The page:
But while insecurity created by Boko Haram in Nigeria and Cameroon, for instance, or by the Shebab in Somalia and parts of Kenya and Uganda, is plainly worrying, the United States is wary about greatly increasing direct military support to beleaguered governments.
Instead, experts say, Washington prefers to support multinational African forces like those of the African Union (AU), which, despite problems, are seen as more transparent than many national armies.
Obama has said the summit -- a first-of-its-kind meeting which opens on Monday -- will provide a forum to "talk to Africa about security issues".
The goal is to work with "strong partners" that have "pretty effective security forces," saving the US military money and helping keep Americans "safe over the long term," he said.
But such strong partners are not always available, and analysts say that if the United States hopes to have an impact in the continent's hot spots it will have to work with some of Africa's most troubled militaries.
Just hardware and money, please
American officials have for years said they are willing to help Nigeria combat Boko Haram, whose uprising has killed more than 10,000 people since 2009.
But the group's kidnapping of more than 200 schoolgirls in April grabbed the world's attention -- including that of US First Lady Michelle Obama -- and spurred America in May to offer military and intelligence support.
Nigeria accepted the offer, but evidence suggests that Abuja was not particularly interested in operational help or training, said John Campbell, a former US ambassador to Nigeria, who is now with Council on Foreign Relations.
"Please drop off some hardware. Please write a cheque," was a likely Nigerian response to US defence and FBI experts who landed in Nigeria, a country with a decades-long history of corruption, Campbell told AFP.
Aside from marginal training and surveillance assistance, the ex-ambassador said he had seen "almost nothing" emerge from the new cooperation.
For Campbell, the question facing US policymakers is: does Nigeria's military, which has a grim human rights record, "want help from outsiders or not?"
An example 'to build on?'
Aside from relentless attacks in war-torn Somalia, Shebab insurgents have killed civilians across east Africa, including bombings in Uganda's capital in 2010 and gun attacks in Nairobi's Westgate shopping centre last year.
The US provides logistical, training, intelligence and financial assistance to the African troops fighting in Somalia.
It is the type of intervention the administration would like "to build on," Deputy National Security Advisor Ben Rhodes said ahead of the summit.
He added that the US remained "concerned about efforts by (international) terrorist groups to gain a foothold" in Africa, even if many analysts saw groups like Boko Haram and Shebab as being domestically focused with almost no intention of plotting attacks on American soil.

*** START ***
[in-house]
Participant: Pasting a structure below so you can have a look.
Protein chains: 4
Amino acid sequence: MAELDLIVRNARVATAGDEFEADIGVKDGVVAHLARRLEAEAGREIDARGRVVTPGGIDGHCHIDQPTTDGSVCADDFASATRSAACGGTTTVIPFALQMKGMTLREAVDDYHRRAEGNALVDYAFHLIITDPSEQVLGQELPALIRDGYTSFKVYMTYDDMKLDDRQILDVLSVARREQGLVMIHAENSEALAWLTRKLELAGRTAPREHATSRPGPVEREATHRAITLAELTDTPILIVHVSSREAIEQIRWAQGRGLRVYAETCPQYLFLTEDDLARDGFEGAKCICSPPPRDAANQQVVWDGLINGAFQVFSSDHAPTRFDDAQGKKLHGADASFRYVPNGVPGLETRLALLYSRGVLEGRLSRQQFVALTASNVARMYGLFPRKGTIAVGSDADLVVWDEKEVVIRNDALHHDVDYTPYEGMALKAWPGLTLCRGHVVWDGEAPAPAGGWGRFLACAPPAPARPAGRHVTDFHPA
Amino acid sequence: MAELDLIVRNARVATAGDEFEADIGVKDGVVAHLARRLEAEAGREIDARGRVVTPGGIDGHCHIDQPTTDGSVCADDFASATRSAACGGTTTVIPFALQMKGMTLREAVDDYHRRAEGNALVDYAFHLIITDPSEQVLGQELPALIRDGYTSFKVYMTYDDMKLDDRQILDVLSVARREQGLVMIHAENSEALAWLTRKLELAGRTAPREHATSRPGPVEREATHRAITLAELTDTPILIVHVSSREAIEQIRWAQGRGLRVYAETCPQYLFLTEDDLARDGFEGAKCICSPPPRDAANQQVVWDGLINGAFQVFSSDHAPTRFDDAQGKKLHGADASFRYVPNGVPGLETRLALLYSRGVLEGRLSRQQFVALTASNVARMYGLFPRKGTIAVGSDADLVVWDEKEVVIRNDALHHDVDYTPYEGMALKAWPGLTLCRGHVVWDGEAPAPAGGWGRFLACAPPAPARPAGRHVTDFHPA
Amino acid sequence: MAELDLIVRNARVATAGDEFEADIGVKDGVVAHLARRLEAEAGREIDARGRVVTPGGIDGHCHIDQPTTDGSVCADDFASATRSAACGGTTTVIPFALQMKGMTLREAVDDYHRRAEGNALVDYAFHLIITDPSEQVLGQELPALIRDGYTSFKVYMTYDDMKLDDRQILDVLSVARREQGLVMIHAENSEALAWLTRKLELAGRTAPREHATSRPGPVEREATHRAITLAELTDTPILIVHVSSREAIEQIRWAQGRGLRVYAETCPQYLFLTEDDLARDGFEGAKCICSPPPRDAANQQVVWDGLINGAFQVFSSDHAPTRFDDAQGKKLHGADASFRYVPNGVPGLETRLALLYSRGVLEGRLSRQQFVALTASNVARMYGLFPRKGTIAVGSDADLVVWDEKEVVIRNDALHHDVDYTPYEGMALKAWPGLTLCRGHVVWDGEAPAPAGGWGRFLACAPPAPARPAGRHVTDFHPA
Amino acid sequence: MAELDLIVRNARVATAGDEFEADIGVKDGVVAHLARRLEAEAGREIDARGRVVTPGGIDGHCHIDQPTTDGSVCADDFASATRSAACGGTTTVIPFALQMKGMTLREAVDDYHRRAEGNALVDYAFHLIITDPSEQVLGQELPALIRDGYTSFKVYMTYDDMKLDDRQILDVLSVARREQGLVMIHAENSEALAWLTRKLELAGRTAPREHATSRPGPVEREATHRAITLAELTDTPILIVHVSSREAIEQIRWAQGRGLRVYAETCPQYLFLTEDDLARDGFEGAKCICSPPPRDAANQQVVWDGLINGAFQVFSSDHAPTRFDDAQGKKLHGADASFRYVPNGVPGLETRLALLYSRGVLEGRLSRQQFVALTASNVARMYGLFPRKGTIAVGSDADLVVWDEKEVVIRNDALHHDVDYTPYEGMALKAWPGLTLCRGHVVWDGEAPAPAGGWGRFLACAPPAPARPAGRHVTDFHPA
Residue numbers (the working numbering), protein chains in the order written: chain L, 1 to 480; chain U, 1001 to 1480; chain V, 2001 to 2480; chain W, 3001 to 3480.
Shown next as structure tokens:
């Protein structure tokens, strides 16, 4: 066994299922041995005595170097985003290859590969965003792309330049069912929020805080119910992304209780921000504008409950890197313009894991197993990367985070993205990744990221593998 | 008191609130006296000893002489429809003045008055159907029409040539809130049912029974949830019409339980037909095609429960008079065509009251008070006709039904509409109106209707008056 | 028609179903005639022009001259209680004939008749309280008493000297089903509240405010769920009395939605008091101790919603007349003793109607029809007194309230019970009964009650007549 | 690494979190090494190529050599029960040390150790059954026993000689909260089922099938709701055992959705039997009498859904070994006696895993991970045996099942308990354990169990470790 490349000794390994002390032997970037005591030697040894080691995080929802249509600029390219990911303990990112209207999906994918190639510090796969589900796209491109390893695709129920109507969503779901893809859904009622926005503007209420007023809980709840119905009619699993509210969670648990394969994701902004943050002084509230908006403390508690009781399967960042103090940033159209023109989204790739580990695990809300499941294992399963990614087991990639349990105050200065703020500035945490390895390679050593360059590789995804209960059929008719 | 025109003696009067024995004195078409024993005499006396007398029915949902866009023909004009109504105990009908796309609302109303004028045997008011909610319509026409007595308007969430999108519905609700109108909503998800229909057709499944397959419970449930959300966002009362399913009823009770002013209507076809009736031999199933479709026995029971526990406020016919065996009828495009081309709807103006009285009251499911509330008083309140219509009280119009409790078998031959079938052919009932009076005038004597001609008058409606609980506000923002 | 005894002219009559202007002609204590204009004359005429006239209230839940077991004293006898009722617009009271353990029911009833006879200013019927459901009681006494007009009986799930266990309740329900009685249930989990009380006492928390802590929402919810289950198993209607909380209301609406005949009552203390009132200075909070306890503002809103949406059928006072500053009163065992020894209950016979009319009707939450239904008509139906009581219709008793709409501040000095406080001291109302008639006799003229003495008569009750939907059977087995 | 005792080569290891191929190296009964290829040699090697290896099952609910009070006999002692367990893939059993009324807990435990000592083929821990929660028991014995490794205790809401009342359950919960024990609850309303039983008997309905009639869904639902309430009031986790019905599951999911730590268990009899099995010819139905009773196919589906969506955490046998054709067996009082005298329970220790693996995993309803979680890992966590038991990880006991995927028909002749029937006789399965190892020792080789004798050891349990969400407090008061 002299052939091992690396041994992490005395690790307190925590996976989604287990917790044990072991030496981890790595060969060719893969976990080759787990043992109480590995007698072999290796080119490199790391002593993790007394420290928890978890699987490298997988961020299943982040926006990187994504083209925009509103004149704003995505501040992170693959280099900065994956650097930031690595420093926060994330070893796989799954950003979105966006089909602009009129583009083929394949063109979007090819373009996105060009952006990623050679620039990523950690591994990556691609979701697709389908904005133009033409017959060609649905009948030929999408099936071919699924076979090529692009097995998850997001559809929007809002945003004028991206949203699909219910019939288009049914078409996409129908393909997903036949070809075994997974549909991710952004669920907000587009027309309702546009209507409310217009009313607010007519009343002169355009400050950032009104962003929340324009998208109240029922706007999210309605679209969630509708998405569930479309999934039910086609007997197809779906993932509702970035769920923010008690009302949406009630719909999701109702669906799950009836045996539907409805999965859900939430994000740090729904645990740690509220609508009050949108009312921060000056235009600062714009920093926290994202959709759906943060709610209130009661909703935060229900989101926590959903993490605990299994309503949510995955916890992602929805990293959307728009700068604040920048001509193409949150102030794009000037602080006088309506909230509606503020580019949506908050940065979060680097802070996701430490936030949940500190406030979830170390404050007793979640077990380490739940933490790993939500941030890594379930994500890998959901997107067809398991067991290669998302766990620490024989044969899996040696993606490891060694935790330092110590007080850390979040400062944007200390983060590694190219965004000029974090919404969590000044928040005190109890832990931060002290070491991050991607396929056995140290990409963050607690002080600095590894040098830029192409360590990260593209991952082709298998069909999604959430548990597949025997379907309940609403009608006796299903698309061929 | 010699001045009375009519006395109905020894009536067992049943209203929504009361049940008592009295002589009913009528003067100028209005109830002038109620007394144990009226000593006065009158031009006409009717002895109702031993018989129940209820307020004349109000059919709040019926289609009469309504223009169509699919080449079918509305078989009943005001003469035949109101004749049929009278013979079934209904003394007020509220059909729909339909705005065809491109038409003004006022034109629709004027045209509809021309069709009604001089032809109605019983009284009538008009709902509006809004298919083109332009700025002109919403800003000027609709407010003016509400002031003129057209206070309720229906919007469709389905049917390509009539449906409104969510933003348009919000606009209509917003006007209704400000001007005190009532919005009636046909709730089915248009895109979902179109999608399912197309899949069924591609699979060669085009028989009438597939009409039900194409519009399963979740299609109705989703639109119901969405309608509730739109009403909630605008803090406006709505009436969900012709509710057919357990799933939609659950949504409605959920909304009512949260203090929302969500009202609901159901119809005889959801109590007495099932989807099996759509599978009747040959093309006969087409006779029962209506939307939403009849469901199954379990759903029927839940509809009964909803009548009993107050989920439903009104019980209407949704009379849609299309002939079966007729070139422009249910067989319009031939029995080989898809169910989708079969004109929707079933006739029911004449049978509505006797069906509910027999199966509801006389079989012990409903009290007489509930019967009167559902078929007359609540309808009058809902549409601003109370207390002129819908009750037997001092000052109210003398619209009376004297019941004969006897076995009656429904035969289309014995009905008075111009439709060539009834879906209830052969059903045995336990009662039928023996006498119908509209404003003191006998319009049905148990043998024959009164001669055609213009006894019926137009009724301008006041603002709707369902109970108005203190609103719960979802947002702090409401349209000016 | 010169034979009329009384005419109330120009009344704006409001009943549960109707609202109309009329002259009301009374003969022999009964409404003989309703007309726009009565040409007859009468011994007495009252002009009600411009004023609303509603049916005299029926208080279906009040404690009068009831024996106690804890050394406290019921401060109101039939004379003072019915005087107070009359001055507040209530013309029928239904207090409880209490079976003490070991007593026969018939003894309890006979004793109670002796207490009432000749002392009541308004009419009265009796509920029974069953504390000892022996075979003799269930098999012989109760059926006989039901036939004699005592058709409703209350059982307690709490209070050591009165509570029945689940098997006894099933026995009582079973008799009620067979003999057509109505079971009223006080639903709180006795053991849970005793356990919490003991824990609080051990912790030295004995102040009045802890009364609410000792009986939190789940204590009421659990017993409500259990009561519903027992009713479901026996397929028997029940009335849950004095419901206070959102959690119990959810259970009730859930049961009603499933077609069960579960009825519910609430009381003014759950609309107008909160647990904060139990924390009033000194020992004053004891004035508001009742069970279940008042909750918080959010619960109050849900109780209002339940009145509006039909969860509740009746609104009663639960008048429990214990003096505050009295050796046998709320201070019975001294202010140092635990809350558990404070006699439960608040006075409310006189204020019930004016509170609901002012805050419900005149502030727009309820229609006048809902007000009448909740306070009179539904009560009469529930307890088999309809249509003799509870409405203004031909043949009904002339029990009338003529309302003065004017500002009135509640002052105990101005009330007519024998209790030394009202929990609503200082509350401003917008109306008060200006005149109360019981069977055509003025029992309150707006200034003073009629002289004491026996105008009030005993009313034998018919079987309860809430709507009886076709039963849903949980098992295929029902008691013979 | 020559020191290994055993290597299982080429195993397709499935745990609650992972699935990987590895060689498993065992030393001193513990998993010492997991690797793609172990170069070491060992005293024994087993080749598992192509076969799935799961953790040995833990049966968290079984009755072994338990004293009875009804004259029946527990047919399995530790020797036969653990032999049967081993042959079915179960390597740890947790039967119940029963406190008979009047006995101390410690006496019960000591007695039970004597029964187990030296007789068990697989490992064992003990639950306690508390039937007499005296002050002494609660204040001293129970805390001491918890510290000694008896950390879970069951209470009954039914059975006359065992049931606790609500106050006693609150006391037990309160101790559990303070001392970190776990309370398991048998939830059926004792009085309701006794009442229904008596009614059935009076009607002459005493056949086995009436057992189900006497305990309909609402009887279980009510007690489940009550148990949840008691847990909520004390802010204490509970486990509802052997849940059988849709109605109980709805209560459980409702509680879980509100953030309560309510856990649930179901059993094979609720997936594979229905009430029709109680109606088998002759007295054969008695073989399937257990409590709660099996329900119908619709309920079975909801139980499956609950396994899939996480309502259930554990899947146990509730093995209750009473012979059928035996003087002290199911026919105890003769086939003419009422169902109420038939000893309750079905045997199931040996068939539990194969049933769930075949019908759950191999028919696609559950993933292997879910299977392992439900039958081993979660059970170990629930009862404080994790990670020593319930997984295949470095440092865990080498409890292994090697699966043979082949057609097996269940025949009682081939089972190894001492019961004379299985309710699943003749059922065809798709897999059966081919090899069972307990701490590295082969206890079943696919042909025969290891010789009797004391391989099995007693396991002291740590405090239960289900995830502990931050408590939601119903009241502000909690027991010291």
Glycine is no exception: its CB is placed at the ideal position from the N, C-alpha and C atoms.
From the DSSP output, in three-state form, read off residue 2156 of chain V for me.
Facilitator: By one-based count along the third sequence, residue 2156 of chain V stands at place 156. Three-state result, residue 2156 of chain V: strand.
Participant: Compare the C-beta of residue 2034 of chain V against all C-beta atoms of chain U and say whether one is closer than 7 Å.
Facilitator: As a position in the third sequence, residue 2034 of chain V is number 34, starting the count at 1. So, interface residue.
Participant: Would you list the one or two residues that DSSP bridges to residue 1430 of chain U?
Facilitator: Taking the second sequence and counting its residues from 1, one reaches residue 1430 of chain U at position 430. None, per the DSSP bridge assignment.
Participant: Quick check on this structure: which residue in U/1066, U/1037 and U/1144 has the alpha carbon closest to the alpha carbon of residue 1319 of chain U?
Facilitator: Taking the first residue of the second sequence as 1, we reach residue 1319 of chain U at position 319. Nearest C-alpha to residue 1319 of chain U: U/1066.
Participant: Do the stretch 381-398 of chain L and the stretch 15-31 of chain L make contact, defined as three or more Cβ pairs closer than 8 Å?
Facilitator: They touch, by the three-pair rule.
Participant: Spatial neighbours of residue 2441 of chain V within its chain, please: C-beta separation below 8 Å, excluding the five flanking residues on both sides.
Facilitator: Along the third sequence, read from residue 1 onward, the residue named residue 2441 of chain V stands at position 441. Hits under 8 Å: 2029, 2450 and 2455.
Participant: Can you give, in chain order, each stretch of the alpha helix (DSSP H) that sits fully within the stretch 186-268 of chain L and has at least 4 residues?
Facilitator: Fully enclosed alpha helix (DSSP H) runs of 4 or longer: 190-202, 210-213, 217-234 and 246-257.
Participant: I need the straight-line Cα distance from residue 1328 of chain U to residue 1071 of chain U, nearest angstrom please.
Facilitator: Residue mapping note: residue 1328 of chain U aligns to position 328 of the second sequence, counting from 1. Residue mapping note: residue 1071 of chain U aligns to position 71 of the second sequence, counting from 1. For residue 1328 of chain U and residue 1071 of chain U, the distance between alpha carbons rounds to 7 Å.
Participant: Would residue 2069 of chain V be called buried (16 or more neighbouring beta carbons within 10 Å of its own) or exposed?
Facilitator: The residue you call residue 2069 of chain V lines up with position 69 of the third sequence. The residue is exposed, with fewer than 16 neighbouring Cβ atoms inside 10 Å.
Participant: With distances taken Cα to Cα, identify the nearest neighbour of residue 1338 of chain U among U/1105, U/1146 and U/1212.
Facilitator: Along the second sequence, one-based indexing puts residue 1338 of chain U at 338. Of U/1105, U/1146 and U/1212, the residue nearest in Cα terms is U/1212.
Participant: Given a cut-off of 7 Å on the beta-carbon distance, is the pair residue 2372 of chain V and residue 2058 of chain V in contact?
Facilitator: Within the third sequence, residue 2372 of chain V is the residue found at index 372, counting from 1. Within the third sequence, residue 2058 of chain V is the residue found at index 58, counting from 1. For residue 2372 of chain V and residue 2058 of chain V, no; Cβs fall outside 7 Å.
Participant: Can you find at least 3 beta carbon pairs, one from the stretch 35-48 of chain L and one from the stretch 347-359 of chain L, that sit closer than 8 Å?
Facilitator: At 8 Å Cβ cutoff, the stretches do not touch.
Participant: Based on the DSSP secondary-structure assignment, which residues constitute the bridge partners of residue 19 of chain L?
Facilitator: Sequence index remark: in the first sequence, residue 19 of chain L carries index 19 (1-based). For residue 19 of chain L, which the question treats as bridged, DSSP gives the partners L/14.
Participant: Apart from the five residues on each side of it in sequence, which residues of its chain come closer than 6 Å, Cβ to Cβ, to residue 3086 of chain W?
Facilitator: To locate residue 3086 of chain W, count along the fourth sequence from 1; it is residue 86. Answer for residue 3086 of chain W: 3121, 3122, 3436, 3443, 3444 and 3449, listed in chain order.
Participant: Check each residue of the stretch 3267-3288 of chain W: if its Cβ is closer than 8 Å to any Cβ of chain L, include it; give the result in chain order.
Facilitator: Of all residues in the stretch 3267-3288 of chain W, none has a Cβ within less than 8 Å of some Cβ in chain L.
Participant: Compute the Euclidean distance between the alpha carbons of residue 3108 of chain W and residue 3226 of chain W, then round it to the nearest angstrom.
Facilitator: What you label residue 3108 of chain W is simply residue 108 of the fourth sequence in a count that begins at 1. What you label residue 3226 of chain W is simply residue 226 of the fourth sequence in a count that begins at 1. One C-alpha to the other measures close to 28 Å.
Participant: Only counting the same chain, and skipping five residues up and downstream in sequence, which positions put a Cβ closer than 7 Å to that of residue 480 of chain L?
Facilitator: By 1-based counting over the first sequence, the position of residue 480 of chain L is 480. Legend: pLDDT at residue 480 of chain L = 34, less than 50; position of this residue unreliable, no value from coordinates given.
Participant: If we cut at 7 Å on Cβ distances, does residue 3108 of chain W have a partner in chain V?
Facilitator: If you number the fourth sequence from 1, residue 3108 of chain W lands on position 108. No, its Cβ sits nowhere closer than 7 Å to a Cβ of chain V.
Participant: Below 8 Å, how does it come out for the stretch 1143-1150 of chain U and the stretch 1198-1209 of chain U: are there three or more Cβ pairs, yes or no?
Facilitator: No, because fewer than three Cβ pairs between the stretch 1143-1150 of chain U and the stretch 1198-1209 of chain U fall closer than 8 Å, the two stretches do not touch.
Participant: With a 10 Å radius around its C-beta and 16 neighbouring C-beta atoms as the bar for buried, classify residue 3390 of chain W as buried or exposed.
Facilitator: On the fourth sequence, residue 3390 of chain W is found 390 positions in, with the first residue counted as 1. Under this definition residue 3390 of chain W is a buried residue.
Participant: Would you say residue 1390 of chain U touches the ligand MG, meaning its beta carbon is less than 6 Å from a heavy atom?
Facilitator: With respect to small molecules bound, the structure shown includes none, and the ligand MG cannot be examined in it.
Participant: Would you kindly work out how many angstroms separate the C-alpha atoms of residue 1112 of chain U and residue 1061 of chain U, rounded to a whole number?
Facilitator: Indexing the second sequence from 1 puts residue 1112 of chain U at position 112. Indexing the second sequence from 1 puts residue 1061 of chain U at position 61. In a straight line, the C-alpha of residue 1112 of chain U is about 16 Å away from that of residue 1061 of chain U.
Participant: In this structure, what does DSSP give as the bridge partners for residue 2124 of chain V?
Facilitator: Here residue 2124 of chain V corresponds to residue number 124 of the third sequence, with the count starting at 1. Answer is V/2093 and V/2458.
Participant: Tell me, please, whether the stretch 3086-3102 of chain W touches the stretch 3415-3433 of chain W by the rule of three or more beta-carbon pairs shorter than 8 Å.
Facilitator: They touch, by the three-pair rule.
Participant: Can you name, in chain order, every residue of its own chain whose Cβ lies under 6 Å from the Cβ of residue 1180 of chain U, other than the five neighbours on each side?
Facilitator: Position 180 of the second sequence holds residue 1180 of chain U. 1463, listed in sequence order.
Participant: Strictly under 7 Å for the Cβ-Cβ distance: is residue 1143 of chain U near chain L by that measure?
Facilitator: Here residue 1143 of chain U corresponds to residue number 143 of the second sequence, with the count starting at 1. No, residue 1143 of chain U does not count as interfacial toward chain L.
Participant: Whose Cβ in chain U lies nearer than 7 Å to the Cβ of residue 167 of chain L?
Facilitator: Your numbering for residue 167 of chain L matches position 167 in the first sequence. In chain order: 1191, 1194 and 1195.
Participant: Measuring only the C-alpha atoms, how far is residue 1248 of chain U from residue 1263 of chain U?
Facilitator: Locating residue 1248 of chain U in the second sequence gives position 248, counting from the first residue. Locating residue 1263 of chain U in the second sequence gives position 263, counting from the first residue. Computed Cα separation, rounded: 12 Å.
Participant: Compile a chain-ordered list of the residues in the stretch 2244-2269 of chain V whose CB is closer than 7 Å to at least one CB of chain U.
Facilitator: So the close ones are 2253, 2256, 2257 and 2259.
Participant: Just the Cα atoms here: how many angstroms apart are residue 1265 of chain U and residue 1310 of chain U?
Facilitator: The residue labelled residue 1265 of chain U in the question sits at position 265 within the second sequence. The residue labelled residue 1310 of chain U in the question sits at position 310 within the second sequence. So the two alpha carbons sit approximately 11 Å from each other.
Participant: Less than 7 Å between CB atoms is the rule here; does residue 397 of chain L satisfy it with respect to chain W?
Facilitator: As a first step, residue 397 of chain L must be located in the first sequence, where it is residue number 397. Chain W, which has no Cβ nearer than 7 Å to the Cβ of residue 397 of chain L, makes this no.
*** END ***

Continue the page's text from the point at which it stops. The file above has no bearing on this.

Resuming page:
While the AU mission against the Shebab has been credited with barring the insurgents from over-running Somalia and keeping the fragile Western-backed government in power, the pan-African force has also been subject to controversy.
Salaries for soldiers on the ground have reportedly been pocketed by commanders and there is speculation that weapons meant for peacekeepers have ended up in Shebab hands.
The force is led by troops from Uganda, a country whose once-close relationship with the US has deteriorated.
The Ugandan military has always been tightly controlled by President Yoweri Museveni and his loyalists, who are accused of looting tens of millions of dollars of US foreign aid since taking power in 1986 and using the army to crack down on political opponents.
An anti-homosexuality law, which US Secretary of State John Kerry has compared to Nazi-era measures, has intensified scrutiny of all US support to Kampala.
A Ugandan court struck down the law this week, but Museveni's allies say it remains intact and could be reinstated on appeal.
An elusive warlord
A small detachment of US special forces have been based in the Obo region of the Central African Republic since 2011, helping hunt for Lord's Resistance Army (LRA) commander Joseph Kony, who is wanted by the International Criminal Court.
Kony, who launched his rebellion in northern Uganda in the late 1980s, has been forced out of his home country, but Ugandan troops are still on his trail.
US National Security Advisor Susan Rice said killings by the LRA have fallen 75% since the US formally joined the Kony hunt in 2010.
Former ambassador Campbell agreed that the LRA mission could be seen as a success story for the US in Africa, even if the ultimate goal remains unfinished.
"The last time I looked, Joseph Kony was still at large. On the other hand the depredations appear to be over," he said.